A New Constitution for a New Country
A New Constitution for a New Country, by M. Oliver, Reno: Fine Arts Press, 1968, 128 pp., $3.00 (pb).
How can we implement libertarian principles throughout society in our lifetimes? Acknowledging the difficulties of trying to change as large and complex a society as the United States, one approach calls for the creation of an entirely new country somewhere else in the world. The leading proponent of this approach is the author of the present book, Mike Oliver (see "Designing a Free Country: An Interview with Mike Oliver, REASON, Dec. 1972). Since the book's publication in 1968, Oliver's New Country Project (recently expanded into the Phoenix Foundation) has combed the world seeking places where freedom might take root anew. In the process it has staked a legal claim to the Minerva Reefs, roused the ire of the King of Tonga, and inspired a home-rule movement on the Bahamas island of Abaco (see "Abaco: Birth of a New Country?" REASON, Oct. 1974). In writing a libertarian constitution, Oliver's principal problem was to devise a way to make government noncoercive. "If life, liberty, and property could be protected without government at all," he writes (p. 117), "this Constitution would be needless. But forcing a person to support government would be an act of collectivism; and…furnishing government services free of charge would also constitute an act of collectivism. Thus, a person may not support government if he so wishes; but if such be his choice, the consequences thereof are his to bear." This passage spells out his constitution's basic premise of voluntary participation in the financing of, and receipt of services from, a limited government.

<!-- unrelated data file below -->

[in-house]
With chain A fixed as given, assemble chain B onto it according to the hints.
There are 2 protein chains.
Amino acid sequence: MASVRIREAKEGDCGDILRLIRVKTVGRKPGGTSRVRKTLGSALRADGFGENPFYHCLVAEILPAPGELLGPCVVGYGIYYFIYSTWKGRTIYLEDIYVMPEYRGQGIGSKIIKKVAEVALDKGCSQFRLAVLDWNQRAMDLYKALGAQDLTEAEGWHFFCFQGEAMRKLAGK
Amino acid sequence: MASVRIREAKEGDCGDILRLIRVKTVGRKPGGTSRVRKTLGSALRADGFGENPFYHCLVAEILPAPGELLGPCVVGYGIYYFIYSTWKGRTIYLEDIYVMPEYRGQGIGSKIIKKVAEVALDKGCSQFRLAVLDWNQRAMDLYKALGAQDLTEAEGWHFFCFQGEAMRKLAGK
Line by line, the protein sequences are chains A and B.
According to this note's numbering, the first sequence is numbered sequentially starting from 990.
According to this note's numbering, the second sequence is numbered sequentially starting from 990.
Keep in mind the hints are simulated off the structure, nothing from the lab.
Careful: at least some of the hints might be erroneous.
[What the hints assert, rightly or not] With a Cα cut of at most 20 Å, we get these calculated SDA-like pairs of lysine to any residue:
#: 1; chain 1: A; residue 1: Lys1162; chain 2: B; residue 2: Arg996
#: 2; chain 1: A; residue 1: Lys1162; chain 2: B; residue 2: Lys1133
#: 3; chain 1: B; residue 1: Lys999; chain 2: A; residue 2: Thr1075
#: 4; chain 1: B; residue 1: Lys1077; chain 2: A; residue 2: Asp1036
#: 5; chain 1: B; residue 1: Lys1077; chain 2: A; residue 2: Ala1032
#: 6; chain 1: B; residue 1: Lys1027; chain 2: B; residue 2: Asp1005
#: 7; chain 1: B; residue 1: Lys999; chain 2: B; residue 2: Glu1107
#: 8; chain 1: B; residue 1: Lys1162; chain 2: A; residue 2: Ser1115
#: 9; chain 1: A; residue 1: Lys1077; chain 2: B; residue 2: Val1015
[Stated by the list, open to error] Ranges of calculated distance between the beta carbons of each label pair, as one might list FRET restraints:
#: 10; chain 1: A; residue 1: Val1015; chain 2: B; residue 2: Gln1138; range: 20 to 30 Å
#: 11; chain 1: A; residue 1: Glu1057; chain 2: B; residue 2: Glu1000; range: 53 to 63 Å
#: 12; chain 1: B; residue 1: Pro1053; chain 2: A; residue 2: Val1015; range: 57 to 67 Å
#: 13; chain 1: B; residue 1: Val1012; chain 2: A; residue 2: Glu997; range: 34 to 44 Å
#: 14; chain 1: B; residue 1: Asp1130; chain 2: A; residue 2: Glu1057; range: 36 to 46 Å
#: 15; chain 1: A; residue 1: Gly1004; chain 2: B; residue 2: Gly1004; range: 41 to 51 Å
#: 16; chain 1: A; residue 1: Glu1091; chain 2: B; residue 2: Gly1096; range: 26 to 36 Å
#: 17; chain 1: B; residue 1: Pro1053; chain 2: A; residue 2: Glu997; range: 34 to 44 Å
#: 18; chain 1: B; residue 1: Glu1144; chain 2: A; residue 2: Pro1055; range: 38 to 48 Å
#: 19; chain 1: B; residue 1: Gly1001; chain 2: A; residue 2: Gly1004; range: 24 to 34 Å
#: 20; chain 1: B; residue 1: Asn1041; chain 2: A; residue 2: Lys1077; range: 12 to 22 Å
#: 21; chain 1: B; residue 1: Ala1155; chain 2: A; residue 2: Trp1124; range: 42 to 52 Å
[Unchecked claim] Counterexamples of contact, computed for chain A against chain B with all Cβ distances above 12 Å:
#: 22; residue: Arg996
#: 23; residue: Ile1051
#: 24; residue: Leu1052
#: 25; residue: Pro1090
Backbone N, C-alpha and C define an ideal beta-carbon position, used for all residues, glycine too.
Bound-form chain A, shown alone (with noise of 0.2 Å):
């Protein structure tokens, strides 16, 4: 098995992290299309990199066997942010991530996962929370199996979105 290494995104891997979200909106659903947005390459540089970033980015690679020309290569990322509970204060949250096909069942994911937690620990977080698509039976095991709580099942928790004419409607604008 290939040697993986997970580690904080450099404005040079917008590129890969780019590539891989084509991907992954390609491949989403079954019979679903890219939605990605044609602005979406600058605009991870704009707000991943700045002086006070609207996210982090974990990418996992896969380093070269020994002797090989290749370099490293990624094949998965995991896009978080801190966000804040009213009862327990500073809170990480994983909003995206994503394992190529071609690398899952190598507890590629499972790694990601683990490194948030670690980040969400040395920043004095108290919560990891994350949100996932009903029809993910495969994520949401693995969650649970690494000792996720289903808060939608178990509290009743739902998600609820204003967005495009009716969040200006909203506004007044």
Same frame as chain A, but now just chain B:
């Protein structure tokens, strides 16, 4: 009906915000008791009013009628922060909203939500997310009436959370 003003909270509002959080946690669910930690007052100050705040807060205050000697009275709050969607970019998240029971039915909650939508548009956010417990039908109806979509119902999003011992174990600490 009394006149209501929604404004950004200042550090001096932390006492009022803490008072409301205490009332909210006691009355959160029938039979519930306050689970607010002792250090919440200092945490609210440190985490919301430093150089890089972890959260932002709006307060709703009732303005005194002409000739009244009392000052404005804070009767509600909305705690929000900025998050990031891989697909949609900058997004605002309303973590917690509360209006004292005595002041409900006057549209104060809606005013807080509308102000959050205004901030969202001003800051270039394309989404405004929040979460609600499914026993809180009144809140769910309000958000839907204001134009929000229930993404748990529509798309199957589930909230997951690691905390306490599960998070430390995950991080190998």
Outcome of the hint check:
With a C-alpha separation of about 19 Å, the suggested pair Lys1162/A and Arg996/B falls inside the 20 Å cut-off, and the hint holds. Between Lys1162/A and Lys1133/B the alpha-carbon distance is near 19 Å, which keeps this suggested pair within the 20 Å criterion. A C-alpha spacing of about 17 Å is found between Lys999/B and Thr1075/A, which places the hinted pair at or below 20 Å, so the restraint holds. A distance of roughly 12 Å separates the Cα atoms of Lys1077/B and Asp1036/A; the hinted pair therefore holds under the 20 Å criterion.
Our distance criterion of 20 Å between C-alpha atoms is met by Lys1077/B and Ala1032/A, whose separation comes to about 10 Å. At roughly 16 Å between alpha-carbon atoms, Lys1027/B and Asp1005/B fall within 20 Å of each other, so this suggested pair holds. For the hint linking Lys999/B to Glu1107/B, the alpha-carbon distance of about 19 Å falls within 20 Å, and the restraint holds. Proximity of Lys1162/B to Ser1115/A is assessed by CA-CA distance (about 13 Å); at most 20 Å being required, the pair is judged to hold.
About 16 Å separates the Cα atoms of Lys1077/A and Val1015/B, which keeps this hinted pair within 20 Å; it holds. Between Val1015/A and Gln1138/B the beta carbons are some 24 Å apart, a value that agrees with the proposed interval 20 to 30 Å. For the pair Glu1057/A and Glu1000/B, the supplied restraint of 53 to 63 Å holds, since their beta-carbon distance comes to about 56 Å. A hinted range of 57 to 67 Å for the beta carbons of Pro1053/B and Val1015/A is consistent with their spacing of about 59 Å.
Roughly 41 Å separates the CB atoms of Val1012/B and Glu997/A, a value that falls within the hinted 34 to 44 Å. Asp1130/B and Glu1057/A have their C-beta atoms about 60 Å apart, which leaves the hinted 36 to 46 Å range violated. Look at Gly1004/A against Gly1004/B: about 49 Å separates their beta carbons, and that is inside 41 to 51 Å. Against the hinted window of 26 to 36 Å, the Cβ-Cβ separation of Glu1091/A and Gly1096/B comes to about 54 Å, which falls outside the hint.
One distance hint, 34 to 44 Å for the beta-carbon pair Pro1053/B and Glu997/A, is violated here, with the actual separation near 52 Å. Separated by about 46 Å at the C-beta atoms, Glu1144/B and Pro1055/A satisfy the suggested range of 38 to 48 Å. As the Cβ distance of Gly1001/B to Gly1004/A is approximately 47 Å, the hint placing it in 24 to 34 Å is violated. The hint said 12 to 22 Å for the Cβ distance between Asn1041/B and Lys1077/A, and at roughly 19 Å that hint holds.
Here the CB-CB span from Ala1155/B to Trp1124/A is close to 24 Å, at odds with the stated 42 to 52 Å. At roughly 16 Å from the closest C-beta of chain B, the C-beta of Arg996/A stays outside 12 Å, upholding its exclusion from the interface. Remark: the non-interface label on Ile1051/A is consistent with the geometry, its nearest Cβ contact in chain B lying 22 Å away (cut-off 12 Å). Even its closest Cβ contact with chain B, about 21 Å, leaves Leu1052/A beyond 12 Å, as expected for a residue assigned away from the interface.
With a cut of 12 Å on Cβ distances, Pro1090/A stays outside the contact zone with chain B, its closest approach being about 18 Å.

A New Constitution for a New Country presents us with a constitution much more detailed than that of the United States. But it is so for a reason: the Constitution of the United States is incomplete in many respects, and thus gives statists an opportunity under the guise of legality to initiate many pieces of legislation which were contrary to the spirit, if not the letter, of the original Constitution Moreover, some of its crucial terms (e.g. "interstate commerce" and "the general welfare") are extremely vague, and we all know what a proliferation of government powers has resulted from such vagueness. Accordingly, Oliver's constitution spells out many details which other constitutions have left unspecified.
The State, for Oliver as for Rand, may exist only to protect the rights of individuals. The State can provide this protection in three domains:
1. A system of courts, to arbitrate disputes. The courts are to be sustained by fees from those who choose to participate in the system. Since no one should be expected to work for nothing, a person cannot be expected to have free use of the court system: if he elects to use it, he must pay for its use. He is free to ignore it, but if he is guilty of a crime (the violation of someone's rights) he may properly be apprehended. A non-participant in the court system may be taken to court for the commission of a crime, but he may not initiate a court case as plaintiff, for "non-participants cannot expect someone else to pay for the services they need" (p. 116).
2. Police protection. Each individual is free to decline payment for such protection, in which case he will not receive it. But again he may be apprehended if he attempts to violate the rights of others.